Nonprofit Overhead Myth: Are You Colluding in its Persistence?
If you work in nonprofit, you may agree with Dan Pallotta, who in his famous TED Talk said:
Our generation does not want its epitaph to read: “We kept charity overhead low.”
That’s because you understand that measuring overhead does not neatly correlate with a nonprofit’s impact or effectiveness. A charity that spends 20 percent on overhead and knocks its mission out of the ballpark is not less worthy of support than one that spends 10 percent on overhead but helps relatively few people. It’s one way of assessing things, but not necessarily the most meaningful.
Why do donors still look at ‘overhead’ as a measure of nonprofit effectiveness?
Three years ago GuideStar and BBB Wise Giving Alliance joined in, with Charity Navigator, in writing “Letter to the Donors of America,” stating that “The percent of charity expenses that go to administrative and fundraising costs—commonly referred to as ‘overhead’—is a poor measure of a charity’s performance.” They also noted:
When we focus solely or predominantly on overhead, we can create what the Stanford Social Innovation Review has called “The Nonprofit Starvation Cycle.” We starve charities of the freedom they need to best serve the people and communities they are trying to serve.
At this time, Charity Navigator changed the way it awards stars to focus more on results than costs.
Then why do so many donors persist in saying they want their contribution to go directly to help people, and not to “overhead” costs?
A recent Fast Company article, “No One Wants to Donate to Pay for Overhead—So We Need to Call It Something Sexier,” caused me to ponder this question anew. They suggested the problem may lie with the words we use to describe these pesky costs. Here’s what they did:
We asked some branding experts to tackle a new name for “indirect costs” to help stop the chronic underfunding of nonprofits by wealthy donors who put restrictions on their gifts.
Hmm, this assumes that giving overhead a new name will, in fact, help stop chronic underfunding of nonprofits. The type of underfunding that leads to a chronic “starvation cycle.”
Hmm, Shakespeare famously wrote that “a rose by any other name would smell as sweet.” Will overhead by another name smell less sour?
Hmm, the branding experts couldn’t really answer the question. They came up with a number of alternatives. (The top eight were: circle funds, encompass funds, vessel funds, core funds, operations costs, operational costs, direct operations costs and general operational costs) In my mind, none of them really will move the needle.
Words do matter, but that’s not where this problem begins or ends.
The overhead myth is at the heart of the problem. The notions are that salaries shouldn’t be too high; folks who work for charities should wear hair shirts; and no one should complain about being overworked because, after all, nonprofit work isn’t really “work”—it’s a joy and privilege.
Does anyone tell sports celebrities or rock stars they shouldn’t get paid because they’re having too much fun?
The overhead myth is the “pig,” and putting lipstick on it won’t change that.
A big part of the problem is the nonprofit sector’s collusion in allowing the overhead myth to persist.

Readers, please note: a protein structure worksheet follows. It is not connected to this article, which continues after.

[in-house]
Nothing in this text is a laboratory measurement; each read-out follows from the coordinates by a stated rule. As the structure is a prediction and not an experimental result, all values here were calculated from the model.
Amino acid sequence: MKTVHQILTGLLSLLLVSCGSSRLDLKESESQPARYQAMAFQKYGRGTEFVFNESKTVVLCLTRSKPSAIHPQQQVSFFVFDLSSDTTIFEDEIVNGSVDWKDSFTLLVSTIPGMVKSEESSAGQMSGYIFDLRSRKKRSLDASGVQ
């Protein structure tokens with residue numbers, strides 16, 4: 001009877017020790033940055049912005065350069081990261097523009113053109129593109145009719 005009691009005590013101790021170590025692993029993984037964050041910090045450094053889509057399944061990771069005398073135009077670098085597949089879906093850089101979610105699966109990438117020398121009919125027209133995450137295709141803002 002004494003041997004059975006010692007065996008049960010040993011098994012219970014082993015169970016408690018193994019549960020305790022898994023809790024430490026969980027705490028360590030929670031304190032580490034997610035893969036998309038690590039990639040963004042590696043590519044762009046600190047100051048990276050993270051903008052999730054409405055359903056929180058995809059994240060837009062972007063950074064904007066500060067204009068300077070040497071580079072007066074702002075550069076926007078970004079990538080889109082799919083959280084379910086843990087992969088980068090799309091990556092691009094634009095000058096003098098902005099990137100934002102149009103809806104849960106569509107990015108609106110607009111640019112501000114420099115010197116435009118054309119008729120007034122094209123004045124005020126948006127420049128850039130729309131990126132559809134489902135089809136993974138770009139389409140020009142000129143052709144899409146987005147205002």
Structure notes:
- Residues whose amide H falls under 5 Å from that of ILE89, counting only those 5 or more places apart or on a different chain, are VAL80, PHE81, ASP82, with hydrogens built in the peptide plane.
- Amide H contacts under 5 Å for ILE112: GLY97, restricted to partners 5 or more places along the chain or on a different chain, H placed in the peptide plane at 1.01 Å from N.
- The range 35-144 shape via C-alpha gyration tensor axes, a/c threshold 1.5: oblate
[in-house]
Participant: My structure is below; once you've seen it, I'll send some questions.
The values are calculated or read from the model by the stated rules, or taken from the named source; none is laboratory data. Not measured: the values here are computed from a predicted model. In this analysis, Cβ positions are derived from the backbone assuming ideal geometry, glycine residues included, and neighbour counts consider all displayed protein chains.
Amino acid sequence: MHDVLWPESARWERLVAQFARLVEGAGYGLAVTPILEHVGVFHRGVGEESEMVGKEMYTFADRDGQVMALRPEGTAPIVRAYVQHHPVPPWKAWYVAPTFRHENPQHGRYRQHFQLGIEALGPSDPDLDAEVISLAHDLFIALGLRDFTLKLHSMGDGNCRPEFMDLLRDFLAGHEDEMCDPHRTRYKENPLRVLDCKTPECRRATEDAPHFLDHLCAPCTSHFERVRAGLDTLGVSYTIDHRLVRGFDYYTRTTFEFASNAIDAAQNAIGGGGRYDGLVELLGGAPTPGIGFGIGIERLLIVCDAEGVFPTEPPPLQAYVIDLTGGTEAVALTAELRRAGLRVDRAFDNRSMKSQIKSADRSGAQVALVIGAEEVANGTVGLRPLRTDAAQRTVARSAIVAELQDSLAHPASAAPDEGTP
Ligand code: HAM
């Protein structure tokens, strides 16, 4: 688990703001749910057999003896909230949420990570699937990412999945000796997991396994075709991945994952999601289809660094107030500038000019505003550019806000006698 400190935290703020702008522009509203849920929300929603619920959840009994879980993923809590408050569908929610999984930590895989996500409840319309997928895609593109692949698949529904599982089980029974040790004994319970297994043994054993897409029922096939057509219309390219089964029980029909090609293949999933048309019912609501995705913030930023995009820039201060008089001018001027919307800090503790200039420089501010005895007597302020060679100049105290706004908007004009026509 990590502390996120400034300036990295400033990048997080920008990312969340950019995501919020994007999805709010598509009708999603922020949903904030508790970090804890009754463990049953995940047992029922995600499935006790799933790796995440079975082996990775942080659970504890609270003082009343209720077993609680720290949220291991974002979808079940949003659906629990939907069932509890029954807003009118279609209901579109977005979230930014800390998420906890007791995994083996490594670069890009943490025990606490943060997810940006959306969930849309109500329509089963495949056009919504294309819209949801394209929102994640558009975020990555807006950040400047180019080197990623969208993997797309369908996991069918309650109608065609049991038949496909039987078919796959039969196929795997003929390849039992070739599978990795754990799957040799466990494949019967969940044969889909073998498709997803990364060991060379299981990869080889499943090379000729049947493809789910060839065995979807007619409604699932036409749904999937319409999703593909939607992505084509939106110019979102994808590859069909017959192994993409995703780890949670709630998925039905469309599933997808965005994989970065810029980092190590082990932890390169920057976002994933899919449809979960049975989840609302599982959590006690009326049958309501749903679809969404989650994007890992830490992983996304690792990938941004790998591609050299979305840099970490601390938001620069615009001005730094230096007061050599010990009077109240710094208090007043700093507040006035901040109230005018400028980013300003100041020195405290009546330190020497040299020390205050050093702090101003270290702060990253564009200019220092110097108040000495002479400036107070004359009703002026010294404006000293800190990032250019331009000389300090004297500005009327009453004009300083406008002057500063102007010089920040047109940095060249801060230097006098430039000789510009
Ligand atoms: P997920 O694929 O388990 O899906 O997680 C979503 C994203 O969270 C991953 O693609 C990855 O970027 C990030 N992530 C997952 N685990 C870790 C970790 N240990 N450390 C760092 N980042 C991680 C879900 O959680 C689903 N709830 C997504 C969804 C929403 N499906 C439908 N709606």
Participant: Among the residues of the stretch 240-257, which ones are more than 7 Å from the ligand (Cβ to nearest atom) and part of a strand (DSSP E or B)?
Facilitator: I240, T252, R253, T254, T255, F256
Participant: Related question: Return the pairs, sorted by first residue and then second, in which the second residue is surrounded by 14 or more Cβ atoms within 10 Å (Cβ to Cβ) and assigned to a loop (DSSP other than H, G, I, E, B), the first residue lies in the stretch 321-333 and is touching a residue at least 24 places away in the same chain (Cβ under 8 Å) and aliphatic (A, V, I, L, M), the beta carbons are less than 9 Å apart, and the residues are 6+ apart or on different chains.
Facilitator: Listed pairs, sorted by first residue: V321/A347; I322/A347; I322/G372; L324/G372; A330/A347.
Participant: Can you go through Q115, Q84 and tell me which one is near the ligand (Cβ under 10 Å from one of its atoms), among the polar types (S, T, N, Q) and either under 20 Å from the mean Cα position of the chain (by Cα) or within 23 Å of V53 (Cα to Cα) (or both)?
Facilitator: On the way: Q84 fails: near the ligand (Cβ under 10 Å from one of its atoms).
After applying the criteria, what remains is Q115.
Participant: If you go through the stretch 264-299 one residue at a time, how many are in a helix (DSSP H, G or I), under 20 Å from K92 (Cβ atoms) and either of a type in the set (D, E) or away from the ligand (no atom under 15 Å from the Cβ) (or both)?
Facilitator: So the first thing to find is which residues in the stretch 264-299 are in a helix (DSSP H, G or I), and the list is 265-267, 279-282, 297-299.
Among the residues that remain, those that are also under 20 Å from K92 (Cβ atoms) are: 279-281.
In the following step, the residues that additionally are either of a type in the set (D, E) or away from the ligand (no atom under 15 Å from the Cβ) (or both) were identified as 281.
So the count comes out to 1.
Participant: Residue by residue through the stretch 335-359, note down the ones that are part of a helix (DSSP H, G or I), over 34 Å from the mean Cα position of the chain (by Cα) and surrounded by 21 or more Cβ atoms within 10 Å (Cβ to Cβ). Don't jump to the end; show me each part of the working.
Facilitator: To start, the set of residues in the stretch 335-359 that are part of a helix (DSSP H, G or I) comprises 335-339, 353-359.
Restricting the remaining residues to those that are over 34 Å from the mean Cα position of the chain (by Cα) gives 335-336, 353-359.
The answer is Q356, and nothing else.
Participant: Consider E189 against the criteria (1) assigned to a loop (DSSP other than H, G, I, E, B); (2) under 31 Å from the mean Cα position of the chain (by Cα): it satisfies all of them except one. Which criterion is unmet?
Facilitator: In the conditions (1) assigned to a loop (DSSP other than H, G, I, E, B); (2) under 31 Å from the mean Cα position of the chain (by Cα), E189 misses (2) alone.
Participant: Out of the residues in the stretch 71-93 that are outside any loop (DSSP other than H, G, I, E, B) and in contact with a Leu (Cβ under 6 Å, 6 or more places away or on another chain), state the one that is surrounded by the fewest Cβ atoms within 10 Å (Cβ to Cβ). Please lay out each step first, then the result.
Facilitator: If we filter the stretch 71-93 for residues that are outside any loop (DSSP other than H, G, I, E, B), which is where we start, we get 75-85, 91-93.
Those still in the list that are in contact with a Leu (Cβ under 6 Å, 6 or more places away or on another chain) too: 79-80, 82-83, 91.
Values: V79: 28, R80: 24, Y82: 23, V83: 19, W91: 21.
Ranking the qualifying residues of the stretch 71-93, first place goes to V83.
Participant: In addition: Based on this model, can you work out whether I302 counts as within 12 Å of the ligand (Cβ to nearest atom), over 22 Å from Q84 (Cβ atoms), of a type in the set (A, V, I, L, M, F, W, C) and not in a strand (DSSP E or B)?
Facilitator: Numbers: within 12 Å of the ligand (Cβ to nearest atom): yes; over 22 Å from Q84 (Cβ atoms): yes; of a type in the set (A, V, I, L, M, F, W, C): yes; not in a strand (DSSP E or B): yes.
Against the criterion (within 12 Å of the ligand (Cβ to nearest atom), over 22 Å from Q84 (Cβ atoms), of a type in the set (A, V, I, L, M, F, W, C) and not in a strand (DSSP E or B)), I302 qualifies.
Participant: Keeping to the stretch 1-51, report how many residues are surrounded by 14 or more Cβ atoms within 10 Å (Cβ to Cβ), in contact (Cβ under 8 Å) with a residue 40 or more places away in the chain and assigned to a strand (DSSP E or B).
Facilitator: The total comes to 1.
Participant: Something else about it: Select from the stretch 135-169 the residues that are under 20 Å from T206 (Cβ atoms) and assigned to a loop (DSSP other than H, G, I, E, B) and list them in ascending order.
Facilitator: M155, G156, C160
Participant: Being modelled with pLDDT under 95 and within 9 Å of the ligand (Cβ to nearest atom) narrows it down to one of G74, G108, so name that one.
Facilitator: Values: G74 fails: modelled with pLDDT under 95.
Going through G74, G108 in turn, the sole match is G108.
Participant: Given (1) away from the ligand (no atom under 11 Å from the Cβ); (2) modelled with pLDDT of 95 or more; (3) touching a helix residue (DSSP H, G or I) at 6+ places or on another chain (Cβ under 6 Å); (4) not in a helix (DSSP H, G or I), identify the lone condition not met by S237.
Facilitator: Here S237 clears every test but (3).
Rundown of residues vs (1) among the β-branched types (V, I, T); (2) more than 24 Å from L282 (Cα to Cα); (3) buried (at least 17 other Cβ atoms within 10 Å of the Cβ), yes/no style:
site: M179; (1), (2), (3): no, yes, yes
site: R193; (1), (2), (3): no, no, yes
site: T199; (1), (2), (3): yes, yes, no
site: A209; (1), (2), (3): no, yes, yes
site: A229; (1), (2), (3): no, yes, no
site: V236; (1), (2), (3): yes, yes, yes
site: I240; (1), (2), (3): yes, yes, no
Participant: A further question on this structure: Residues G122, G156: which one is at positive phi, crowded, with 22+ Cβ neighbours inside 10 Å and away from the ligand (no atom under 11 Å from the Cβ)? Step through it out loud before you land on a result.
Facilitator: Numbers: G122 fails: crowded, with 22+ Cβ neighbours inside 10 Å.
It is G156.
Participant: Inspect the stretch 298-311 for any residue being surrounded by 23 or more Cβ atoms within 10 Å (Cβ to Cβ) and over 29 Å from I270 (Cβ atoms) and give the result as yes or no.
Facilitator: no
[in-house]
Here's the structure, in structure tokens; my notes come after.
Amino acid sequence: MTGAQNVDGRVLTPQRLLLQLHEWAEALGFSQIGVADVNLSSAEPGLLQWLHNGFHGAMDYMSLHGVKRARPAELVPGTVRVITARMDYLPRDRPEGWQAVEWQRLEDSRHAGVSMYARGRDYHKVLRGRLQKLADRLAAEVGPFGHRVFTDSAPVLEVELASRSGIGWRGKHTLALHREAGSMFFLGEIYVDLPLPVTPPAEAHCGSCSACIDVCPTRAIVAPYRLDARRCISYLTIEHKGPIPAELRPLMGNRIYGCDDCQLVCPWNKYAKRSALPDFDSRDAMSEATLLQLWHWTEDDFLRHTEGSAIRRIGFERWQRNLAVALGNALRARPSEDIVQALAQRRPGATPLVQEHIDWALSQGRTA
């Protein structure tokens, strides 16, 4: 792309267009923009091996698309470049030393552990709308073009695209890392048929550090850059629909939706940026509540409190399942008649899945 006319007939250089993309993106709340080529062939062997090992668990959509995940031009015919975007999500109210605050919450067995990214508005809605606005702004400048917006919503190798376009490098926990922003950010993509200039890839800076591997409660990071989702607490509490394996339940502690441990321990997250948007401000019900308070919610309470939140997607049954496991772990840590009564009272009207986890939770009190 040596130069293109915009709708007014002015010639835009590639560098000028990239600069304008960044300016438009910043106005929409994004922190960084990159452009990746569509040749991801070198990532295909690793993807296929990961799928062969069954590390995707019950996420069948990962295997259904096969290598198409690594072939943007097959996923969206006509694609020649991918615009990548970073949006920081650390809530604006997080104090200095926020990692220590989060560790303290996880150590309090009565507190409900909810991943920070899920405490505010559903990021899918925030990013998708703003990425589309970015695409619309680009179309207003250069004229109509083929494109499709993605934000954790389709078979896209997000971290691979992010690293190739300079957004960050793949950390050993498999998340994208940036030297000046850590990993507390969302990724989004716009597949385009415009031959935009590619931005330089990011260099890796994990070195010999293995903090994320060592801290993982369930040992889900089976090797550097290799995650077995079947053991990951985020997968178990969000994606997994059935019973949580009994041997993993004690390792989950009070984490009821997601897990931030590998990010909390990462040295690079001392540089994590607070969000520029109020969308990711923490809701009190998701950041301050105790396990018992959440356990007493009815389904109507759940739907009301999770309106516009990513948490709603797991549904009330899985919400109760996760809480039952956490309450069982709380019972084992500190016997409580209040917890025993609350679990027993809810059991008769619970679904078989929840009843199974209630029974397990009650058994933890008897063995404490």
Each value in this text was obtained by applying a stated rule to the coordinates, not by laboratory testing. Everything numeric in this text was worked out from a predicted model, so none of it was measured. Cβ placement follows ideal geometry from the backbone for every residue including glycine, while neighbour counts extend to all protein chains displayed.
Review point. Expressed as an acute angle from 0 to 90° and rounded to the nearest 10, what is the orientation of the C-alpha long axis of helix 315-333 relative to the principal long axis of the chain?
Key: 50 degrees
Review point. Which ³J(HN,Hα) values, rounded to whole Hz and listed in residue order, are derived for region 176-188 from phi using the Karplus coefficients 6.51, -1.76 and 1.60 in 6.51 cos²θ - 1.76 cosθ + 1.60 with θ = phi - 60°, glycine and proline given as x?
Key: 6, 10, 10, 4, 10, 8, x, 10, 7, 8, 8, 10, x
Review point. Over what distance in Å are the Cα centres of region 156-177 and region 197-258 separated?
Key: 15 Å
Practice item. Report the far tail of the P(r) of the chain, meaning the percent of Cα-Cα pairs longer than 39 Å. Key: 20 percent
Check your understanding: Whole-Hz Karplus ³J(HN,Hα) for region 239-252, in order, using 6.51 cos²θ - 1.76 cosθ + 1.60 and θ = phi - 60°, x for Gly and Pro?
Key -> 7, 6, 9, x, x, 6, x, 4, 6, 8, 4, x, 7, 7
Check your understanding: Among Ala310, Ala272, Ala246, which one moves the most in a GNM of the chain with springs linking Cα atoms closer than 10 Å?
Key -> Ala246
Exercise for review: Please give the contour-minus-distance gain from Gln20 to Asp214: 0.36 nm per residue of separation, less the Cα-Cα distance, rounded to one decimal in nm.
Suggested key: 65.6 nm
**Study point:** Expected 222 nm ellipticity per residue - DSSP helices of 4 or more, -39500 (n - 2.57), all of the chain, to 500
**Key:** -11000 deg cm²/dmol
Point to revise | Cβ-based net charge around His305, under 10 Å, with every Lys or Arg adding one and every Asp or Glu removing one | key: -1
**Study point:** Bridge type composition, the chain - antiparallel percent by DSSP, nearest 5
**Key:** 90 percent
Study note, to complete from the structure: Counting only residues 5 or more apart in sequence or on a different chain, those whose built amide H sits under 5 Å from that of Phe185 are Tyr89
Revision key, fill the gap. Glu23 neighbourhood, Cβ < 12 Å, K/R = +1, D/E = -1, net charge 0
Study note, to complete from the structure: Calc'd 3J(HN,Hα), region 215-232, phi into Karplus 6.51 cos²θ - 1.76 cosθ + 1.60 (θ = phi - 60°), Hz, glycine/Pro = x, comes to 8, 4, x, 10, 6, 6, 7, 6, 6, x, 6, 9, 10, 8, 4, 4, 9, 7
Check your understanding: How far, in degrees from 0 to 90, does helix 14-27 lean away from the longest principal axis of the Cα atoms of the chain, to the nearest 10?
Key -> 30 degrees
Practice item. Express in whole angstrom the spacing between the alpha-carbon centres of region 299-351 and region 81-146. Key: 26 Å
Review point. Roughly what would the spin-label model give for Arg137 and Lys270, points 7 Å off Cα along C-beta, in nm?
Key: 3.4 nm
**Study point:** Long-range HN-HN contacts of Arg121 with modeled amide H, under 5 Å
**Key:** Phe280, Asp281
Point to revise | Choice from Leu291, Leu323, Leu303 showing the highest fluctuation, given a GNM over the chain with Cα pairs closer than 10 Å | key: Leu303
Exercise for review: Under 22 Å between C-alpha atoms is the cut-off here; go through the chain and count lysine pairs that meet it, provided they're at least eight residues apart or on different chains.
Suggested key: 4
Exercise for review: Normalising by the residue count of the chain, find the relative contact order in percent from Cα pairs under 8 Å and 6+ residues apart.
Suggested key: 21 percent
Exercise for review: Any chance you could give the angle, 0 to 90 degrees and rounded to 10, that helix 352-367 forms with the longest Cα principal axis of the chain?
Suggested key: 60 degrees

I led fundraising efforts for nonprofits for 30 years before opening my own business. During that time, I became accustomed to celebrating how “lean and mean” we were, boasting about our low overhead and bragging about our four-star rating on Charity Navigator (largely, at the time, based on low overhead).
Everyone did that—if they could. But bragging about low overhead is a thoughtless practice. If you do stop to question it at all, it makes little sense because:
- Nonprofits just starting out necessarily will have higher overhead than those that have been established for a long time.
- Smaller nonprofits will have higher overhead than larger ones, who can benefit from economies of scale.
- There’s no uniform practice of measuring overhead, so often we’re comparing apples to avocados.
- Spending 50 cents to buy a bag of fresh, nutritious produce (that will last a full week) versus 20 cents to buy a bag of old and rotten vegetables, might just be a really good idea.
- People don’t get therapy without therapists, healing without social work and medical professionals, research breakthroughs without scientists, and on and on.
Work—whether nonprofit or for-profit—doesn’t get done by itself without workers; without buildings for them to work in; without computers for them to work with; without supplies for them to build with; and without cars, boats, planes and camel caravans for them to get to their places of work.
But here’s the rub. While few would likely say they believe the people (staff) helping the people (beneficiaries) are somehow not necessary, or that the work could get done without them, they might be likely to say that these “helpers” should be low paid. Or, even that they should, ideally, be unpaid volunteers.
Nonprofits still are held to a different standard than for-profit businesses—and often the folks who work in the social benefit sector are among those holding themselves to this “higher” standard.
- Founders go for years without taking any salary.
- Executive directors don’t ask for a raise for fear of it appearing unseemly, given their line of work.
- Staff brag about being “underpaid and overworked,” as if it’s a badge of honor.
- Board members find no need to hire essential staff, suggesting they can run the financial/fundraising/marketing operations as a volunteer (even though they already have full-time, day jobs).
- Donors threaten to stop giving when they find out the organization has more than five staff members making more than six-figure salaries.